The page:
A new healthcare bill could be in the waiting.
After Republicans failed to come to an agreement on the American Health Care Act last month, leaders in the House Freedom Caucus are signaling that they have come around due to changes made in the original bill. Mark Meadows, Jim Jordan, and Raul Labrador, all prominent members of the House conservative group, are said to be pleased with the new plan.
The House leadership has not been pushing for a new healthcare vote, instead focusing on a spending bill that will keep the federal government open past the Friday deadline. But House Speaker Paul Ryan did say, through a spokesperson, that he was not ruling out a vote in the coming days.
“I think we can turn things around quickly if we were to reach an agreement,” said spokeswoman AshLee Strong. “We will see something as soon as we can, but we’re not there right now.”
The wider Congress has not yet seen the text of the new bill, so we could once again see conservatives and moderates get stuck on the particulars of the legislation.
But it can’t be ignored that a lot of the same House Republicans who opposed the original bill have been saying great things about the new version.
Rep. David Brat said, “A lot of people like it,” when asked about the new bill on Tuesday evening.
According to those on the inside, the changes to the new bill include a clause that would allow states to opt out of the insurance regulations mandated by Obamacare. With a federal waiver, insurance companies could also be allowed to escape federal requirements that force them to cover certain health problems. And while the bill will still require insurance companies to offer coverage to those with preexisting conditions, they will be allowed to charge those patients higher premiums.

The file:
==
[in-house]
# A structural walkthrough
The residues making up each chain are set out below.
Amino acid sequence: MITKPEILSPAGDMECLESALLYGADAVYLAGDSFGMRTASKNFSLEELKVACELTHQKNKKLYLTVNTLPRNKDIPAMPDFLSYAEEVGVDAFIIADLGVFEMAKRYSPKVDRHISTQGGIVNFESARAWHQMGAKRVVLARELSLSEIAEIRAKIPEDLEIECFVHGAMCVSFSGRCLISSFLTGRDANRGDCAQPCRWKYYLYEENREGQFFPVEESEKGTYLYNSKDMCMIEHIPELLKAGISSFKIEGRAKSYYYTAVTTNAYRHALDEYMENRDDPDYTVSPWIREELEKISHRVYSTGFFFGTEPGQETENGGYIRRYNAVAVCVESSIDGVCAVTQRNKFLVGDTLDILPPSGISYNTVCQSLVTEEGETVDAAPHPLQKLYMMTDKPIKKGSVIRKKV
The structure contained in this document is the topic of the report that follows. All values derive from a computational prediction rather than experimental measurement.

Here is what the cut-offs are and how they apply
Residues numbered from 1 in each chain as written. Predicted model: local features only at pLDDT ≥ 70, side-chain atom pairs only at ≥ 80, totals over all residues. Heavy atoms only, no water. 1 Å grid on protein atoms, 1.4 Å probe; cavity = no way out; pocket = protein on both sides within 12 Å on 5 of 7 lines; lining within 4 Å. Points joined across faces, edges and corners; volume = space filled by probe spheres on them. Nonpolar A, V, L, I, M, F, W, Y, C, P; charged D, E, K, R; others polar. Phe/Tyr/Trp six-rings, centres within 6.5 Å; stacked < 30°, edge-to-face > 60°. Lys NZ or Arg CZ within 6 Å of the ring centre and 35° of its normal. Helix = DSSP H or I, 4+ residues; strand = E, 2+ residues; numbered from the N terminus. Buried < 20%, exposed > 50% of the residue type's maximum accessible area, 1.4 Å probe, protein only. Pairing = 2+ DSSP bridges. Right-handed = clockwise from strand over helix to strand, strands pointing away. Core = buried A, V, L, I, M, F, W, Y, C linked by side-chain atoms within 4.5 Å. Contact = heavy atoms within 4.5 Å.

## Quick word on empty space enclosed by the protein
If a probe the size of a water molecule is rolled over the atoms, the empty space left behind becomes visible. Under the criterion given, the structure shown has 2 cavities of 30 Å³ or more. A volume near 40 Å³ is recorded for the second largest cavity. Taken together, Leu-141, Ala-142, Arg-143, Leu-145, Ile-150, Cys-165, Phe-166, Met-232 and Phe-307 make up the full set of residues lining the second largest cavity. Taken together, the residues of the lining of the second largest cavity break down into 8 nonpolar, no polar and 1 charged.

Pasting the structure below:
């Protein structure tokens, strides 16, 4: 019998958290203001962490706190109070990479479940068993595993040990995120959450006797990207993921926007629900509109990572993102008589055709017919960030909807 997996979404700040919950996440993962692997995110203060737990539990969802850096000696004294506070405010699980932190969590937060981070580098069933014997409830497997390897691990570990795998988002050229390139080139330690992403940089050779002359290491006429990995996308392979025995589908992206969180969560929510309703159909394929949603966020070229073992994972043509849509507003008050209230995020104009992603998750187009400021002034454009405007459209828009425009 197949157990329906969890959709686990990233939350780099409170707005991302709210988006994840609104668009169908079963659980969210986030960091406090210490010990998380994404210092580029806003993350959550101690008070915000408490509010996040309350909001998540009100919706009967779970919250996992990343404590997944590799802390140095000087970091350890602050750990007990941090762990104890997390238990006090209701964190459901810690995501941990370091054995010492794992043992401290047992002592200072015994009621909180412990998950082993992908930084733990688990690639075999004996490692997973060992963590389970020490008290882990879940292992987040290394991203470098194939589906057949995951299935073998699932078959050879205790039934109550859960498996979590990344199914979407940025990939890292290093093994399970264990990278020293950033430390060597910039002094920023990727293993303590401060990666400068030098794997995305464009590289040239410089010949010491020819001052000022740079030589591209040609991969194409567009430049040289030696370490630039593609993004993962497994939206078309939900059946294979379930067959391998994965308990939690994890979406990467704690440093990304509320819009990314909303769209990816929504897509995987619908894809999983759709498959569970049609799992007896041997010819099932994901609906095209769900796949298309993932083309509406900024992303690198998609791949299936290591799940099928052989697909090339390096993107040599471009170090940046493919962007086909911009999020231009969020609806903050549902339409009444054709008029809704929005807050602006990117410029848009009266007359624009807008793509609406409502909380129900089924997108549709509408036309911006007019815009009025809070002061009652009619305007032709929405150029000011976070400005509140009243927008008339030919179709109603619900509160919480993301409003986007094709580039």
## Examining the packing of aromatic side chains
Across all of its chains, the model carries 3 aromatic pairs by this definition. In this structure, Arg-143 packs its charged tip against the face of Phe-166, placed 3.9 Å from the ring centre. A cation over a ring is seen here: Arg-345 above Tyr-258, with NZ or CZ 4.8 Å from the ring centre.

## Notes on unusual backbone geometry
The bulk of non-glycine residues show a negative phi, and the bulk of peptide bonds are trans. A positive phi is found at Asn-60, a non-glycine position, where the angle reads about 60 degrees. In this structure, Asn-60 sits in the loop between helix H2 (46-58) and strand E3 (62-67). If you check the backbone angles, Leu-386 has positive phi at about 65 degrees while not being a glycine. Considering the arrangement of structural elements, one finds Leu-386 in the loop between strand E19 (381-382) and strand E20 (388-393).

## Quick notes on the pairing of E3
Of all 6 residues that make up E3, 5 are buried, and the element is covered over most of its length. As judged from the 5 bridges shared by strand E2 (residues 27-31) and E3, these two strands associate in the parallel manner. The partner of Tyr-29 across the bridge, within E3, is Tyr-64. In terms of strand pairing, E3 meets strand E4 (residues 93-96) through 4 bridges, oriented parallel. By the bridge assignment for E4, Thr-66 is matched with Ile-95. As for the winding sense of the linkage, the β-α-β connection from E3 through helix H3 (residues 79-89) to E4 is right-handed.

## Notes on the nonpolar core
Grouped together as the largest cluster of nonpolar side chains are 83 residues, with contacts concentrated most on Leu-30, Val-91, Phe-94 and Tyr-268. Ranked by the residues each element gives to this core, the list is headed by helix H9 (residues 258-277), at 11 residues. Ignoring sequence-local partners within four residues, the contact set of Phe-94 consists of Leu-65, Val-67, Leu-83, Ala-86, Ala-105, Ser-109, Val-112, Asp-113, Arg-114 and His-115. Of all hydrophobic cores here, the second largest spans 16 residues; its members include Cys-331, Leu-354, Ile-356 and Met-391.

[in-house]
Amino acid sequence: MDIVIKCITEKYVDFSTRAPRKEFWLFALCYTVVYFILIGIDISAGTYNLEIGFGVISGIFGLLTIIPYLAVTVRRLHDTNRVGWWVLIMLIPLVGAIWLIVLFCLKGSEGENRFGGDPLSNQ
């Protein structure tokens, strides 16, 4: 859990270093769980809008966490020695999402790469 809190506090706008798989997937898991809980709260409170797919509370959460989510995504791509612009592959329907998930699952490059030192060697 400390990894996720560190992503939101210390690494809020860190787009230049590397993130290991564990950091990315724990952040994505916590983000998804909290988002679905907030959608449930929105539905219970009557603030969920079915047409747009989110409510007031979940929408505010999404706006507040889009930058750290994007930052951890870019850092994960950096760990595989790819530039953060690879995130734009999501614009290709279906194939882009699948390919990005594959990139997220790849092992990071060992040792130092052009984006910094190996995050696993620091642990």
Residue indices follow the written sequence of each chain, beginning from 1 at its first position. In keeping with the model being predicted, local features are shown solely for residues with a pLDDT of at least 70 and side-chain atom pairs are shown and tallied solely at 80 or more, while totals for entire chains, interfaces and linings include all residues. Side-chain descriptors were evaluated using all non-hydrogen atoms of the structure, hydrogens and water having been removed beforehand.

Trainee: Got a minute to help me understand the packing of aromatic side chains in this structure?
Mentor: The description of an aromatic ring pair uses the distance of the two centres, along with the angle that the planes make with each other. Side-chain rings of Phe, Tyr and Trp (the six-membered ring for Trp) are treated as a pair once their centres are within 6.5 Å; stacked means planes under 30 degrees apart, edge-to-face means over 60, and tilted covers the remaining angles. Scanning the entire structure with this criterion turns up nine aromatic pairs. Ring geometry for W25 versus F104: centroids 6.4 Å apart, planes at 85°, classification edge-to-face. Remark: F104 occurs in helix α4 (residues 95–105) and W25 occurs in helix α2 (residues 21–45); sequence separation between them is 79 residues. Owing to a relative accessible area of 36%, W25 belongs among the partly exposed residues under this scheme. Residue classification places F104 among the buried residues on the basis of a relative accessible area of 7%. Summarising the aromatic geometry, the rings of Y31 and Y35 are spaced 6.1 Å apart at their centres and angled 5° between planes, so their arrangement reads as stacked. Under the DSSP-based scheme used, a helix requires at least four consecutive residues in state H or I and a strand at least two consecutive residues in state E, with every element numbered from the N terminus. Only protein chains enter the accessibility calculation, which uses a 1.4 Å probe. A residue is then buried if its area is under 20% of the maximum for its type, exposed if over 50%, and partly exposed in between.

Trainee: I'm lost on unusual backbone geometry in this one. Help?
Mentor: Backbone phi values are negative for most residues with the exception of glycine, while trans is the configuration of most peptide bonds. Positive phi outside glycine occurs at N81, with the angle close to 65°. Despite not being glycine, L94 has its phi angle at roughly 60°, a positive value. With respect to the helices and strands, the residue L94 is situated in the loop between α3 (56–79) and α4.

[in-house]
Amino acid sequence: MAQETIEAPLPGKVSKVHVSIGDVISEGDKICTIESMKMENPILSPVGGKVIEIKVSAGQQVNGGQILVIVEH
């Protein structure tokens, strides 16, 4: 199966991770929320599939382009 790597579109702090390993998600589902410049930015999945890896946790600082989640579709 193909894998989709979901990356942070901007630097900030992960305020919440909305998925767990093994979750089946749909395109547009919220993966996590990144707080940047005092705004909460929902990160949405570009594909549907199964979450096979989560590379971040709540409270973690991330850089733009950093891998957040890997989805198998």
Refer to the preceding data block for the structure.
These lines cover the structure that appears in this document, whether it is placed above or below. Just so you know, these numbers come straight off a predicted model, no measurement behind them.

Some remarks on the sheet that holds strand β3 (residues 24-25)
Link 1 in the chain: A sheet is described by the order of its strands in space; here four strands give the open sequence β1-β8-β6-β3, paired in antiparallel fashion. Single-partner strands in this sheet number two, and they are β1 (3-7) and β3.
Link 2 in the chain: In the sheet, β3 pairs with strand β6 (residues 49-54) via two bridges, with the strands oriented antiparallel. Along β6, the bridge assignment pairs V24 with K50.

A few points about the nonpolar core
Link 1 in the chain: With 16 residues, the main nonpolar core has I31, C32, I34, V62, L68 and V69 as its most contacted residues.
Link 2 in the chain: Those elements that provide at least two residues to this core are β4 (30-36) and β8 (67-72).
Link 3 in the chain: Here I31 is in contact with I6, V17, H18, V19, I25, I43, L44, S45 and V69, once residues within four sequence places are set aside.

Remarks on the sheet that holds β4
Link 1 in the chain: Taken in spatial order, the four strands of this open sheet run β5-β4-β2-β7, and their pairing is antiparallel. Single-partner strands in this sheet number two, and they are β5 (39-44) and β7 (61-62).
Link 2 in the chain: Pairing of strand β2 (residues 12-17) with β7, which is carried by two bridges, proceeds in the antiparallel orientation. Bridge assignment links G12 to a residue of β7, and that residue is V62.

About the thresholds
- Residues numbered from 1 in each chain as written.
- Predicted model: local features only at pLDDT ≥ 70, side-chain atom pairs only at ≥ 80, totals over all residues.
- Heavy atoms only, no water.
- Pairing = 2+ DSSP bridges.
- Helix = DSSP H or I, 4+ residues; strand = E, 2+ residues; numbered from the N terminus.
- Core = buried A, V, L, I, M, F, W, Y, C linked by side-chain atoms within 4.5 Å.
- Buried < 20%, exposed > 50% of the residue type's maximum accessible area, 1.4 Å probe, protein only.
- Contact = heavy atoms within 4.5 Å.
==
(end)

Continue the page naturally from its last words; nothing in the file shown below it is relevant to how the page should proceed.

It sounds like there is still a lot in the new bill for conservatives to dislike; it does, after all, keep the federal government in charge of insurance regulations in a way it never was before Obamacare. But by giving states more flexibility and insurance companies special provisions, it does seem like a step in the right direction. And with Democrats in the Senate poised to oppose any attempt at repealing and replacing Obama’s signature legislation, it could be the best we’re going to get right now.
Now the question is whether Ryan and the so-called “Tuesday Group” – made up of House moderates – can even pass this new and improved bill. And if they do, can it get through the Senate and onto the president’s desk?